Brian Leet never expected to find a soldier with a heartbeat in a body bag.
Not until recently did Leet, originally from Minot, know the name of the man whose life he saved 40 years ago, and then get to meet him again.
Leet read a story in a Disabled American Veterans magazine about a veteran named Urban Miyares, of the San Diego area, who had been saved when a military medic tagging corpses found him in a body bag during the Vietnam War.
Submitted Photo •
Brian Leet, second from right, Cambridge, Minn., formerly of Minot, and Urban Miyares, second from left, never knew each other until recently, although Leet saved Miyares’ life when he pulled him from a body bag in Vietnam 40 years ago. Leet and his wife, Karen, and Miyares and his wife, JoAnn, pose for a photo taken this year in San Diego.
"I did recall and my wife did too that I found a man, a soldier, in a body bag who had a heartbeat," said Leet, who lives in Cambridge, Minn. While he was in Vietnam Leet wrote to his wife, at that time his fiancee, about finding a soldier alive in a KIA (killed in action) bag.
After reading the story about Miyares, late last year Leet sent an e-mail to Miyares. They compared information the region they were in, the date Aug. 12, 1968, when both were in the region and it fit together.
Earlier this year, the two men met face-to-face in San Diego.
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They got together again in October in San Diego for a Veterans Affairs-sponsored sports clinic for veterans injured in Iraq and Afghanistan.
Leet's job with the U.S. Army in Vietnam was to review the soldiers in body bags. "He was the only one I found with a heartbeat, which made it unique," Leet said, in an interview Nov. 18. Leet said no one had checked this soldier for wounds because he was found face down in a rice paddy after a firefight.
Leet said that actually Miyares, who didn't know he had diabetes, had gone into diabetic shock and fell over when the fight occurred, then was picked up for dead and put in a body bag.
"It's unique if you had a bullet or shrapnel wound and you were in one of those bags, you were gone. But to find someone with a faint heartbeat..." Leet said.
On Veterans Day this year, the San Diego Union-Tribune ran a story about Miyares and Leet and what happened in Vietnam. Miyares had never talked about his near-death experience until then.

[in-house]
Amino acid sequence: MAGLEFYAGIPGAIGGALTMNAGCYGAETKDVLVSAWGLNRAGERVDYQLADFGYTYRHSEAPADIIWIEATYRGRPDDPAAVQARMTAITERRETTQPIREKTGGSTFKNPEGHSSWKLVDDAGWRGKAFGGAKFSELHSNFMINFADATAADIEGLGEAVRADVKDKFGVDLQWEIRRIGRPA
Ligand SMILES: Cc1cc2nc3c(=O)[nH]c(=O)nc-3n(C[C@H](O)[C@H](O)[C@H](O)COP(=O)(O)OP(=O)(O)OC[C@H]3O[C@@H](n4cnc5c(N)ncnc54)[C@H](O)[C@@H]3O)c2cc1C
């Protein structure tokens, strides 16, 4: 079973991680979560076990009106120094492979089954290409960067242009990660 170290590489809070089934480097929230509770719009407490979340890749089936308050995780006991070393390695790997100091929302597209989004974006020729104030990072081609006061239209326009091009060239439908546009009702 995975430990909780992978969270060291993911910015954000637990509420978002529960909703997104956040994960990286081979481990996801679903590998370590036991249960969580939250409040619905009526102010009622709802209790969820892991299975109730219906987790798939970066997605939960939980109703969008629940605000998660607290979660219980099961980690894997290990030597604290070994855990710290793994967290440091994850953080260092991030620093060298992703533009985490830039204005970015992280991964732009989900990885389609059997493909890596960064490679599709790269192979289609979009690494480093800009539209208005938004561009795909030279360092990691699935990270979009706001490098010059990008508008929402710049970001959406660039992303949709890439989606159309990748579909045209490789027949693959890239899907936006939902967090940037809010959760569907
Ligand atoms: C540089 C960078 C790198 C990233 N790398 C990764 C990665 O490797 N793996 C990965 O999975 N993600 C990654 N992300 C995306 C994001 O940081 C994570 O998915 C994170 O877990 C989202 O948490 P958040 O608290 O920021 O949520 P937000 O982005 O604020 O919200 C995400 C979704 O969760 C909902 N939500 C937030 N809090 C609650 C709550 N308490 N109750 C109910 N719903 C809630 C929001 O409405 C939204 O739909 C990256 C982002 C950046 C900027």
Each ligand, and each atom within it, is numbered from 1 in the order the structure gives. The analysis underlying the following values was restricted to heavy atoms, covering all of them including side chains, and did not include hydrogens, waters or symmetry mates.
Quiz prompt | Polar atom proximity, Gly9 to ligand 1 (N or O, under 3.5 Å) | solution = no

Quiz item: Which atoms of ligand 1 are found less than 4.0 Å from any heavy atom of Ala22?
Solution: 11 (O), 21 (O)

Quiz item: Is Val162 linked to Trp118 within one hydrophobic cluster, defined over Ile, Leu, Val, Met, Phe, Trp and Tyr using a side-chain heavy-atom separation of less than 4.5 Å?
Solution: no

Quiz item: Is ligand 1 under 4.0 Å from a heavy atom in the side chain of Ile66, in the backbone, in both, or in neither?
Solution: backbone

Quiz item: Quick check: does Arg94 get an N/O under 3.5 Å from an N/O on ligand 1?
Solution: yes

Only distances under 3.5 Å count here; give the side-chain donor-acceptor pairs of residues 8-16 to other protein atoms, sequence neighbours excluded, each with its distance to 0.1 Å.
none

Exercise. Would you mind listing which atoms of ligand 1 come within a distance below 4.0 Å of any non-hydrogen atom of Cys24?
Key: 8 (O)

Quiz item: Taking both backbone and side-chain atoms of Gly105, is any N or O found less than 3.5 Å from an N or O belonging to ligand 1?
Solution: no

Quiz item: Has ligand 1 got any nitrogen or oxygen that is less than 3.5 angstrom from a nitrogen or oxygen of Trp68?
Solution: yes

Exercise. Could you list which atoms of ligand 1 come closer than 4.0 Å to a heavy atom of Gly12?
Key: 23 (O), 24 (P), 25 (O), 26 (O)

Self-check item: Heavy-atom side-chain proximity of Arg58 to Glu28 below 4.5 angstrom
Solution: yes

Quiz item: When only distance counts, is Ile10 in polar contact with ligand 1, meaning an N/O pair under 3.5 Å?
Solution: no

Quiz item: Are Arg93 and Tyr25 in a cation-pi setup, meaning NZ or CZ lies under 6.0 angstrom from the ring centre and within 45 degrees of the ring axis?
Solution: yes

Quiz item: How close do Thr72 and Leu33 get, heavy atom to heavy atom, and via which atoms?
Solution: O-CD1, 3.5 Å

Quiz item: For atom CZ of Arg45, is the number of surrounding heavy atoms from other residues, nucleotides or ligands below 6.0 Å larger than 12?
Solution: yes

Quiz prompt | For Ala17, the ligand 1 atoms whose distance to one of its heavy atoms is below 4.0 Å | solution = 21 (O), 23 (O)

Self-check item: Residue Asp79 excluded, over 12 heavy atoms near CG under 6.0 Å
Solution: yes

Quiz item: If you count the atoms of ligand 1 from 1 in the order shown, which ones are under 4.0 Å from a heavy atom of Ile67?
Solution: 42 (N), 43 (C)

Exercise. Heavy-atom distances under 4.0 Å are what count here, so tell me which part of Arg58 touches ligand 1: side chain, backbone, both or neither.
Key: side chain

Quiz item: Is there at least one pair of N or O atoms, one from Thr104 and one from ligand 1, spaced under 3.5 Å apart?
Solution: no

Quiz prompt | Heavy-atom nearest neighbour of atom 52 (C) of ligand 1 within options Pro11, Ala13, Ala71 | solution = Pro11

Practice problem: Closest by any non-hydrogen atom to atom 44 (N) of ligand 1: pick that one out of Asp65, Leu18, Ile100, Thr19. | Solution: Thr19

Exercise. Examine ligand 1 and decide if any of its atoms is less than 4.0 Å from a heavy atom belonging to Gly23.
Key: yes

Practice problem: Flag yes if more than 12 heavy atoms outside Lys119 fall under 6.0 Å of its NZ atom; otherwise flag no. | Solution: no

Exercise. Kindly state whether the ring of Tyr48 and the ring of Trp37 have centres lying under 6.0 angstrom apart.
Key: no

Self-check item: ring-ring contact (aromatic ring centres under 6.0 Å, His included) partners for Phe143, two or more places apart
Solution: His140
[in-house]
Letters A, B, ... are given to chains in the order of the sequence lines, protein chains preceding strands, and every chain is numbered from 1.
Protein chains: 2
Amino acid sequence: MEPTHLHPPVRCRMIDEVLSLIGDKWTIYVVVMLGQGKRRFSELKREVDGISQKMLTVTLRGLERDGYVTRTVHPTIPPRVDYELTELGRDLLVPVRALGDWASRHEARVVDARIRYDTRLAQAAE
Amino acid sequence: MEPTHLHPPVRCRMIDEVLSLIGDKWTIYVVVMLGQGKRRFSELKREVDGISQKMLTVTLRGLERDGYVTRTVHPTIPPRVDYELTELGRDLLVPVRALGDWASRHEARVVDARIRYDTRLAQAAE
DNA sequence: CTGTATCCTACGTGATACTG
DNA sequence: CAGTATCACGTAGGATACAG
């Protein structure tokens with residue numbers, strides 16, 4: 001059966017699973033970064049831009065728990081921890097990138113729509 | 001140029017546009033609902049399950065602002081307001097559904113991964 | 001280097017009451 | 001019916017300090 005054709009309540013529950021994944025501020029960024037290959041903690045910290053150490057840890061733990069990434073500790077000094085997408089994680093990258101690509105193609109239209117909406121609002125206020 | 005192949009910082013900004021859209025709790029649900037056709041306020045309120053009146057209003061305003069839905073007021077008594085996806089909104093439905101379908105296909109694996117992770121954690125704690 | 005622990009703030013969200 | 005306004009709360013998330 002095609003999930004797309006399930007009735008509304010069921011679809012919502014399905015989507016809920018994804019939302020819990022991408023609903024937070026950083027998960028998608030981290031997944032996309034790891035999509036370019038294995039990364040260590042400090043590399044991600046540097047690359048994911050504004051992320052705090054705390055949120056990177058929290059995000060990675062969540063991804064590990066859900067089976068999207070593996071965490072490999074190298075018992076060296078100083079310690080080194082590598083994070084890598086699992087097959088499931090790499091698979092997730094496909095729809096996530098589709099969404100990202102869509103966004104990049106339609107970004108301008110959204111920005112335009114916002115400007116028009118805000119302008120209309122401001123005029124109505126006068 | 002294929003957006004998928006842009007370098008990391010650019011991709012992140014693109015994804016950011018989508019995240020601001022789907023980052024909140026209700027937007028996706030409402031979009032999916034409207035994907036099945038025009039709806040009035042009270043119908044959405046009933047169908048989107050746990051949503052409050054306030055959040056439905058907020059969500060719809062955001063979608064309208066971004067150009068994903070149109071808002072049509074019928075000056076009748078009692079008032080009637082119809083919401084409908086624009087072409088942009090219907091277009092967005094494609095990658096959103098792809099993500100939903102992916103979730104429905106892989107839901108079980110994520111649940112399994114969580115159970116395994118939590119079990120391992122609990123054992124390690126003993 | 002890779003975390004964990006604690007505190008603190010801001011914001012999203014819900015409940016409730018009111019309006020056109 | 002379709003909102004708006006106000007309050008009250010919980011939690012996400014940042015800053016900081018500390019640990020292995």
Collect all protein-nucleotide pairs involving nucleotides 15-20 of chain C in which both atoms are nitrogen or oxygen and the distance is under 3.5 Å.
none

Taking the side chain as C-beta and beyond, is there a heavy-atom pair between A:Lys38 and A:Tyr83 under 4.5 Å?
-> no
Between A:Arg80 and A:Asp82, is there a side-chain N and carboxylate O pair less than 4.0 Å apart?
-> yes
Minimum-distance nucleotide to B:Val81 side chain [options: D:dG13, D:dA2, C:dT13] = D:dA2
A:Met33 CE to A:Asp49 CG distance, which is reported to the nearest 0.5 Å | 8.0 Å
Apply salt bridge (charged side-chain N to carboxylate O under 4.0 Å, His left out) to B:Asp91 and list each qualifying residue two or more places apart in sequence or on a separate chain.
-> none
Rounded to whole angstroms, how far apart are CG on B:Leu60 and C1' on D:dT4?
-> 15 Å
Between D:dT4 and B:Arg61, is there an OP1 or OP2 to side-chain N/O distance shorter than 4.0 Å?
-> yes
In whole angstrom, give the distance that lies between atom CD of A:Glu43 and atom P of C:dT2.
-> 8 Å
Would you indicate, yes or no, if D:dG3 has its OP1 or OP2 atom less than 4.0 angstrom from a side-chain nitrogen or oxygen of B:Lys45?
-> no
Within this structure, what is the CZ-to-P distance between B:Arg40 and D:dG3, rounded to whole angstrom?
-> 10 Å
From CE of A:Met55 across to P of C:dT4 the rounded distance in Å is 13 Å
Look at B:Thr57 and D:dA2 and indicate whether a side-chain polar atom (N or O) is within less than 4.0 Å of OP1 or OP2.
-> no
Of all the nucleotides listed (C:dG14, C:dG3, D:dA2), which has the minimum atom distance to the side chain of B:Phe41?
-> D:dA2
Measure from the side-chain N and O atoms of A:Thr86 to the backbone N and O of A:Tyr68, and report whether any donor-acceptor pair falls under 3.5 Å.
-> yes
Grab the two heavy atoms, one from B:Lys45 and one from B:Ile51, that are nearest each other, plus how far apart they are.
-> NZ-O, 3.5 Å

Miyares told the Union-Tribune that on that day in 1968 when he almost died, he, then a 20-year-old Army platoon sergeant, remembered "advancing single file across rice paddy dikes when the silence was pierced by yelling, screaming, gunfire and mortar shells. His last recollection was falling face down into muddy water." He said it was "like a dream. Everything was spinning. Then I hit the water." Leet said he remembered waking up in a military hospital and another 9th Infantry platoon soldier, who was checking on him, told him an Army medic pulled him out of a body bag.
Leet grew up in Minot and graduated from Minot High School in 1965. His mother, Maurine Wolf, and other relatives live in Minot and area.
Leet went into the Army in March 1966 and was in combat medic training for about a year before going to Vietnam. In Vietnam, he worked in a battalion medical aid station at Lai Khe, about 60 miles northwest of Saigon and about 15 miles from Cambodia.
When Leet found Miyares in the KIA bag, he pulled him out and carried him to a treatment room. Miyares then was airlifted by helicopter out of the area, but Leet never knew what happened to the soldier or where he was taken.
"About two years ago I saw this article," said Leet, referring to the DAV magazine "and that's what led to my research."
Leet and Miyares, now both in their early 60s, first met by e-mail, phone and then early this year when Leet and his wife, Karen, were in San Diego, Leet called Miyares and they and their wives got together for a visit.
They met again in October when Miyares and his wife, JoAnn, invited the Leets to the VA-sponsored summer sports clinic for soldiers injured in Iraq and Afghanistan. The two couples spent about a week together there, Leet said.
Miyares, who is blind, taught sailing at the sports clinic, Leet said.
"Urban was sighted in Vietnam and as the disease (diabetes) progressed, then lost his vision," Leet said. He said Miyares is very active with other veterans and has made two cross-Pacific sailboat races to Hawaii with several other veterans.
Miyares, originally from New York, formed the Disabled Businesspersons Association, a nonprofit organization, to help disabled veterans.
Leet, now retired, also worked with disabled people for the state of Minnesota for about 30 years. He has a nonprofit business teaching horseback riding, mainly to disabled children during the summers.
Before moving to Minnesota, Leet got his bachelor's degree at the University of North Dakota, Grand Forks, then finished graduate school in counseling and guidance at North Dakota State University, Fargo,
Leet said it was "just a fluke" that he was reading the DAV magazine that day and came across Miyares' story.
"When we first met (by e-mail) I just said my name and said I read your story, and I just wanted you to know that I was a medic over there during this time and I did find a man with a heartbeat in a body bag," Leet said.
Leet said there was enough information the timing, location and circumstances, that the pieces came together. It all made sense," he said.